***
I don't like Old Joe Clark,
I'll tell you the reason why;
He caught his foot in a panel of my fence
And tore out all my rye. (Bayard)
***
Many old-time fiddlers play the piece in cross-tuning, AEAE, although some, like African-American fiddler Joe Thompson, play it in GDGD.
***
Sources for notated versions: Emmet Newman (Delaware County, Oklahoma) [Thede], Wiley Jobes (Greene County, Pa., and northern W.Va., 1930's) and Walter Ireland (Greene County, Pa., 1944) [Bayard]; Judy Hyman (Ithica, N.Y.) [Phillips]. Bayard (Dance to the Fiddle), 1981; No. 161A-B, pgs. 98-99. Brody (Fiddler's Fakebook), 1983; pg. 207. Cazden (Dances from Woodland), 1945; pg. 20. Ford (Traditional Music in America), 1940; pg. 121. Frets Magazine, "Mike Seeger: Traditional Music," July 1983; pg. 55. Krassen (Appalachian Fiddle), 1973; pg. 16. Lowinger (Bluegrass Fiddle), 1974; pg. 12. Phillips (Fiddlecase Tunebook), 1989; pg. 30-31. Phillips (Traditional American Fiddle Tunes, Vol. 1), 1994; pg. 172 (two versions). Reiner (Anthology of Fiddle Styles), 1979; pg. 38. Ruth (Pioneer Western Folk Tunes), 1948; No. 99, pg. 35. Thede (The Fiddle Book), 1967; pg. 28-29. AFS 20-21, Wayne Crowley (Louisiana, 1934. A field recording by Alan Lomax). AFS 23, Horace Forman (Louisiana, 1934. A field recording by Alan Lomax. Mr. Forman was elderly, having been born in the mid-19th century). Briar 4202, The Kentucky Colonels- "Living in the Past." Brunswick 313 (78 RPM), Lonnie Austin (1929). County 524, "Da Costa Woltz's Southern Broadcasters, 1927 Recordings." County 723, Cockerham, Jarrell and Jenkins- "Back Home in the Blue Ridge." County CO-CD-2729, Art Stamper - "Goodbye Girls I'm Going to Boston" (2000). Folkways FA 2337, Clark Kessinger- "Live at Union Grove." Folkways FA 2395, New Lost City Ramblers- "Vol. 5." Front Hall 01, Fennigs All Stars- "The Hammered Dulcimer." Heritage 080, Enoch Rutherford - "Old Cap'n Rabbit." Marimac 9038, Dan Gellert & Brad Leftwich - "A Moment in Time." MCA 88, Bill Monroe- "Bluegrass Ramble." Poppy PP-LA210-G 0698, Doc Watson- "Two Days in November." Victor 19434 (78 RPM), Fiddlin' Cowan Powers (Russell County, S.W. Va.), also recorded by him for Edison in 1925.
T:Old Joe Clark
L:1/8
M:2/4
S:Viola "Mom" Ruth - Pioneer Western Folk Tunes (1948)
K:A
E|[E2A2] [E2A2]|ed [E2c2]|Ac B^G|(E2 E)E|[E2A2] [E2A2]|
ed [E2c2]|Ac BE|[E2A2][EA]||A|[c2e2] [c>e>]f|=gfe>d|ef=gf|
(e2 e)A|e2 e>f|gfe>c|Ac BE|A3||

RAGTIME ANNIE [1]. AKA and see "Raggedy Ann (Rag)," "Bugs in the 'Taters." Old-Time, Canadian; Breakdown. USA, very widely known. D Major ('A' and 'B' parts) & G Major ('C' part). Standard. AAB (Phillips/1989): AA'B (Sweet): AABB (Ford, Welling): AA'BB (Ruth): AA'BB' (Krassen): ABCC (Christeson): AABCC (Jarman, Johnson): AA'BCC' (Reiner & Anick): AA'BBC (Messer): AA'BB'CC (Miskoe & Paul): AA'BB'CC' (Phillips/1995). A popular tune and a staple of the North American fiddling repertoire. "Ragtime Annie is almost certainly a native American dance tune, possibly less than 100 years old" (Krassen, 1973), in fact, rumors persist that it first was heard played by Texas fiddlers around 1900-1910. Guthrie Meade has a similar point of view regarding the tune's antiquity, noting that this very popular piece appears in many relatively modern collections, but not in early ones. Reiner & Anick (1989) suggest the tune is derived from a piano piece called "Raggedy Ann Rag," and catagorize it as a 'Midwest' and 'Southwest' tune. One "Raggedy Ann Rag" was written by Joe "Fingers" Carr and published in 1952, far too late to have been the original for "Ragtime Annie," which was first recorded by Texas fiddler Eck Robertson (along with Henry C. Gilliland) in June, 1922, (backed with "Sally Goodin'" it was the best-selling country music record for that year), and a few years later by the Texas duo Solomon and Hughes. It was later recorded for the Library of Congress by musicologist/folklorist Vance Randolph from Ozark Mountain fiddlers in the early 1940's.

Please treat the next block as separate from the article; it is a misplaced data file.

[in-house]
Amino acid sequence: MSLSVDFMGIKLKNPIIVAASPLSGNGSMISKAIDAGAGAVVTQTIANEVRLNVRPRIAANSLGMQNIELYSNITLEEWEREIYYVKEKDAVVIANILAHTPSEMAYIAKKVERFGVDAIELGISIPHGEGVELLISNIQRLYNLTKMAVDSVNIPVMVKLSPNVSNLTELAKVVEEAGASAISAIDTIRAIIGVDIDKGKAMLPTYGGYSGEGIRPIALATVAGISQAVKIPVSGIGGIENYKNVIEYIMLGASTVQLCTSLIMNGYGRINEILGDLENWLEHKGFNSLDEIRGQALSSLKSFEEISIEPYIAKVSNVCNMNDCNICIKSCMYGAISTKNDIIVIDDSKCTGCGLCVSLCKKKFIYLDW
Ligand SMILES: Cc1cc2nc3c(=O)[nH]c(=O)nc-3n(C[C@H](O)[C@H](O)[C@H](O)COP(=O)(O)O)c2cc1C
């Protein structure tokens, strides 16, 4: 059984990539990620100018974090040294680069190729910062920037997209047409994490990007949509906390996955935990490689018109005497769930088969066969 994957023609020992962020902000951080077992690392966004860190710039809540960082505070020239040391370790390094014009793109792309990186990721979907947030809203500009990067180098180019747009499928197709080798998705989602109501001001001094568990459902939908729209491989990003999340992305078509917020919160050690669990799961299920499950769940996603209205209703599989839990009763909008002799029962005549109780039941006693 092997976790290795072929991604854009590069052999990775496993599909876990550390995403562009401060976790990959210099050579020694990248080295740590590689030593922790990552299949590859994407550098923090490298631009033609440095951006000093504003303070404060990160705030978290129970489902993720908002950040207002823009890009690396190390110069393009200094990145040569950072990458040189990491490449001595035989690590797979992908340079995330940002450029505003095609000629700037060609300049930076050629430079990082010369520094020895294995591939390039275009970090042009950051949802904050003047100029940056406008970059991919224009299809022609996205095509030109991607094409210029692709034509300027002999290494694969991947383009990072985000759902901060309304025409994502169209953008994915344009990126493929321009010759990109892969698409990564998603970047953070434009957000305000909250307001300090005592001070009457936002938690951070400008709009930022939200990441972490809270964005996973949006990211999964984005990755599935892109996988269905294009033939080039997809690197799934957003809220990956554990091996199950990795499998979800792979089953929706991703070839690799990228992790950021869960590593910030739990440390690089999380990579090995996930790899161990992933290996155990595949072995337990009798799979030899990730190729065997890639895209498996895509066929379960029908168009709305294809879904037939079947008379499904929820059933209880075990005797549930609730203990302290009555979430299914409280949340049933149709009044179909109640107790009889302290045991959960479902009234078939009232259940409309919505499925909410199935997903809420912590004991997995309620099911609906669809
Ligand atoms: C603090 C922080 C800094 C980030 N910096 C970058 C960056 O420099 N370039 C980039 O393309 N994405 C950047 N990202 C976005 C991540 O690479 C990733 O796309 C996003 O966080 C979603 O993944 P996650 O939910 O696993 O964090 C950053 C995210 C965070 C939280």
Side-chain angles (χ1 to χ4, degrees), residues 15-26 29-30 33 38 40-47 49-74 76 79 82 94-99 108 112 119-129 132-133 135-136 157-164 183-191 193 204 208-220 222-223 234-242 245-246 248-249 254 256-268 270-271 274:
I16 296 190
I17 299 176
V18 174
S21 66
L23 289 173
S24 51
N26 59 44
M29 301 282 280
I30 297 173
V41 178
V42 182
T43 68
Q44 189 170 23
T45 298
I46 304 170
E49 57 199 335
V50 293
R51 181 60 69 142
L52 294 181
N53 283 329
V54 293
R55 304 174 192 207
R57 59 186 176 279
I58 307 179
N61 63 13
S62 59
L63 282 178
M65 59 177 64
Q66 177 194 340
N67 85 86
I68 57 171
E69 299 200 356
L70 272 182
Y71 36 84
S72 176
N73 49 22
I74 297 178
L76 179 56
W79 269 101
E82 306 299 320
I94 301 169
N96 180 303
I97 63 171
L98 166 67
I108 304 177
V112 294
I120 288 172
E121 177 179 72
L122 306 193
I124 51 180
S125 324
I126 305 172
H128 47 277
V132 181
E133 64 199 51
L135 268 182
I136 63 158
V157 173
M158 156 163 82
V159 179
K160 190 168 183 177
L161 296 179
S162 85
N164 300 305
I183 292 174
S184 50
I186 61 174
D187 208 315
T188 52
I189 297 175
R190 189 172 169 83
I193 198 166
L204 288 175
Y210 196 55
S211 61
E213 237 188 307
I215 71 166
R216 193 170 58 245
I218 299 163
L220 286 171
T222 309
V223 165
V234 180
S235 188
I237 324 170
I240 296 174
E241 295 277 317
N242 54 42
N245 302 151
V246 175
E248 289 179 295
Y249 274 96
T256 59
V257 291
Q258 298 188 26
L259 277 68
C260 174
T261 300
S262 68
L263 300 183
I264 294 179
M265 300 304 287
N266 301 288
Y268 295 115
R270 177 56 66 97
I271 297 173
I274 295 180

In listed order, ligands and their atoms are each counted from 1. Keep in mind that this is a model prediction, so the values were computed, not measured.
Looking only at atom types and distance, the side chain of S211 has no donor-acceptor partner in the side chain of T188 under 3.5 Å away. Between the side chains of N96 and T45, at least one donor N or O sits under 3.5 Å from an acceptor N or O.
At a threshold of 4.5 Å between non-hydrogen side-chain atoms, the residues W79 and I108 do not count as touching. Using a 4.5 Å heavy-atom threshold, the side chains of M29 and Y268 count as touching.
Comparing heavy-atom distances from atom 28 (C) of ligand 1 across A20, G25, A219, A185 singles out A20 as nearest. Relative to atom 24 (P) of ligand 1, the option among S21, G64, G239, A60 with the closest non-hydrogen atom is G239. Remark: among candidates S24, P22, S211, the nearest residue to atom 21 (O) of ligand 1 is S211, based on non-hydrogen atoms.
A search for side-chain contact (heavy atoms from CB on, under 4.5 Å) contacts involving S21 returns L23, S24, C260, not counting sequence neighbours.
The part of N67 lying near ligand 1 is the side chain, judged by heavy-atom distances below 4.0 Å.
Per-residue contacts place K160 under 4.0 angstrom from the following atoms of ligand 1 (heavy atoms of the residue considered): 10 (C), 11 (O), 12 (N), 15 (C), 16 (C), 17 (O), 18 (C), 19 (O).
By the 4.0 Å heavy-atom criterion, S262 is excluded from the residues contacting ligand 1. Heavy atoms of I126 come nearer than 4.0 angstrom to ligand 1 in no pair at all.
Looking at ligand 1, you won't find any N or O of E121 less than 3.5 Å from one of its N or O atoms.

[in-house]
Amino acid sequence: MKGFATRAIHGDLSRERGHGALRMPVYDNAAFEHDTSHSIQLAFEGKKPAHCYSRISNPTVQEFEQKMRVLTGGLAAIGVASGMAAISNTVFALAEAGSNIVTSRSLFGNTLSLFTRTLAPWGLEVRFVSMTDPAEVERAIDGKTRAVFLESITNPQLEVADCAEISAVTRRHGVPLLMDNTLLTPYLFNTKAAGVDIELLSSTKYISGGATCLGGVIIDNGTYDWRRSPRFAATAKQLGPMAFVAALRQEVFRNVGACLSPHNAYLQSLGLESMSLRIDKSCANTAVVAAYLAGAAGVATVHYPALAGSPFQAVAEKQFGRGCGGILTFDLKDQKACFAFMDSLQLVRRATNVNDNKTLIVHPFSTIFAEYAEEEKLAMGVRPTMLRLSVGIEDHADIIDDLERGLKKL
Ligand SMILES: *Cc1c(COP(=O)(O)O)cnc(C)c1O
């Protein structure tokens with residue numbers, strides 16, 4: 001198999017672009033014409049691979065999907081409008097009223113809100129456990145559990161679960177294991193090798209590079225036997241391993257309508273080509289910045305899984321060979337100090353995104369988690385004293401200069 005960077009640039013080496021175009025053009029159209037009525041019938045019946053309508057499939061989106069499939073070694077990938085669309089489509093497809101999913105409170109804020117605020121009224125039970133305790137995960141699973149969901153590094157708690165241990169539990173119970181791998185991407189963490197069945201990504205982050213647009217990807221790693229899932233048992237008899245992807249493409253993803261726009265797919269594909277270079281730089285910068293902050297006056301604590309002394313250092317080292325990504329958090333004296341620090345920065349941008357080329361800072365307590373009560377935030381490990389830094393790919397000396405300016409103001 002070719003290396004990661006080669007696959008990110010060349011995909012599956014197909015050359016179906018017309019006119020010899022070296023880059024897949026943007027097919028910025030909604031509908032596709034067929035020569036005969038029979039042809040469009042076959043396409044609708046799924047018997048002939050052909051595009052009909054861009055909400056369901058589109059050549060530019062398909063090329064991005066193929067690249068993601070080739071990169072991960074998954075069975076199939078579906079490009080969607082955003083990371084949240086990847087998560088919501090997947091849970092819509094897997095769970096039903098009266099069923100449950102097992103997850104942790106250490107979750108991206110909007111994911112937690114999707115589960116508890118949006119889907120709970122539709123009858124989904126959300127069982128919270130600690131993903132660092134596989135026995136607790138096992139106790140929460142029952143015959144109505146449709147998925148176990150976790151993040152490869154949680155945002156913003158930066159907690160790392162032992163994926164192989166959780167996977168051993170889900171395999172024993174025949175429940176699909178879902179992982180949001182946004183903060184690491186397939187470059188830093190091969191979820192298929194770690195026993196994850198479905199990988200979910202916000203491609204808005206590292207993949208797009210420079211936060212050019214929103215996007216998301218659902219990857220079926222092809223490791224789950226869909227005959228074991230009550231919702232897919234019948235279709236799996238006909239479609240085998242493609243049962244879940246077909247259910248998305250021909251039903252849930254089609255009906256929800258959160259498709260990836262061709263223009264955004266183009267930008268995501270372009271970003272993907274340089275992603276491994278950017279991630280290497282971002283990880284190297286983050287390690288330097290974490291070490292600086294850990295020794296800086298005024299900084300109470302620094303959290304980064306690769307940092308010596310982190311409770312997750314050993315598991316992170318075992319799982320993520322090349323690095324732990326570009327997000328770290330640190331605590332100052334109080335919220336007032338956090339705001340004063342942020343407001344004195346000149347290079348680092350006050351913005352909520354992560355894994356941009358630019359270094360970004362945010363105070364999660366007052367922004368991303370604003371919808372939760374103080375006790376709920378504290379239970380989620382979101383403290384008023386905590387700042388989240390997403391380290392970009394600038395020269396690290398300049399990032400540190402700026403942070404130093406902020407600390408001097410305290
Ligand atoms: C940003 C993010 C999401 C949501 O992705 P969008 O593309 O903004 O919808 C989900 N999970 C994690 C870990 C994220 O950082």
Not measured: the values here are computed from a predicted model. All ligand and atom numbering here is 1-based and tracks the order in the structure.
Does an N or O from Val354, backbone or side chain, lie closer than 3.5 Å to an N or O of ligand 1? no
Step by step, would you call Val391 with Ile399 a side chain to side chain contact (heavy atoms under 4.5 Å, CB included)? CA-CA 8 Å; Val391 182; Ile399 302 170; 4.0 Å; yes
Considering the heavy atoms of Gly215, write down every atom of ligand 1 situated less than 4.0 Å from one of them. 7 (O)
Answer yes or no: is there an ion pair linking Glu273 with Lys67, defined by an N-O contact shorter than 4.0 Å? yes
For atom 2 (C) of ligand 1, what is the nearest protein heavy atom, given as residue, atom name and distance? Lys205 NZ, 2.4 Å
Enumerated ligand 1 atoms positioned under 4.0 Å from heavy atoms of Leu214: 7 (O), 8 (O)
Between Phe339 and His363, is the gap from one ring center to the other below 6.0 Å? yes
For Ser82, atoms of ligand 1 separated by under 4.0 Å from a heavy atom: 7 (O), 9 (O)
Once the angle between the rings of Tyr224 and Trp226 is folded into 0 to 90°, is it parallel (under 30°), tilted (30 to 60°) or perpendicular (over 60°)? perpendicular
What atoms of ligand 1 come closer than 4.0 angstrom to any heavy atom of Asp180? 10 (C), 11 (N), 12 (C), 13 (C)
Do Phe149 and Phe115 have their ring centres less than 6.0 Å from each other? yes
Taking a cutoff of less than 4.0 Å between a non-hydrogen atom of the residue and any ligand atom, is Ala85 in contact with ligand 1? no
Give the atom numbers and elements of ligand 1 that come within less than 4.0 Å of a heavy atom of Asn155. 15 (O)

***
There is often some confusion among fiddlers whether to play the tune in two or three parts, and both are correct depending on regional taste. Eck Robertson's version was in three parts (the third part changes key to G major) as are many older south-west versions, and some insist this form was once more common that the two-part version often heard in more recent times. Other Texas fiddlers only learned the two-part version. Glen Godsey writes: "Of the fiddlers I knew in Amarillo in the 1940's-1950's, Eck was the only
one who played the third part. I learned only two parts as a kid, and we always played just two parts for the square dances. I only learned the third part many years later from Eck's recording." Little Dixie, Missouri, fiddler Howard Marshall says the third part has been a vital part of the tune in Missouri for many many years, offering that the renowned regional fiddler Taylor McBaine remembered playing it that way as a child in the very early 1920s. Marshall reports that local speculation is that the third part was inserted to relieve a square dance fiddler from the stress of keeping the main part of the tune going through a long set. Some feel the third part is reminiscent of "Little Brown Jug," although there can be considerable variation from fiddler to fiddler in the way third parts are rendered.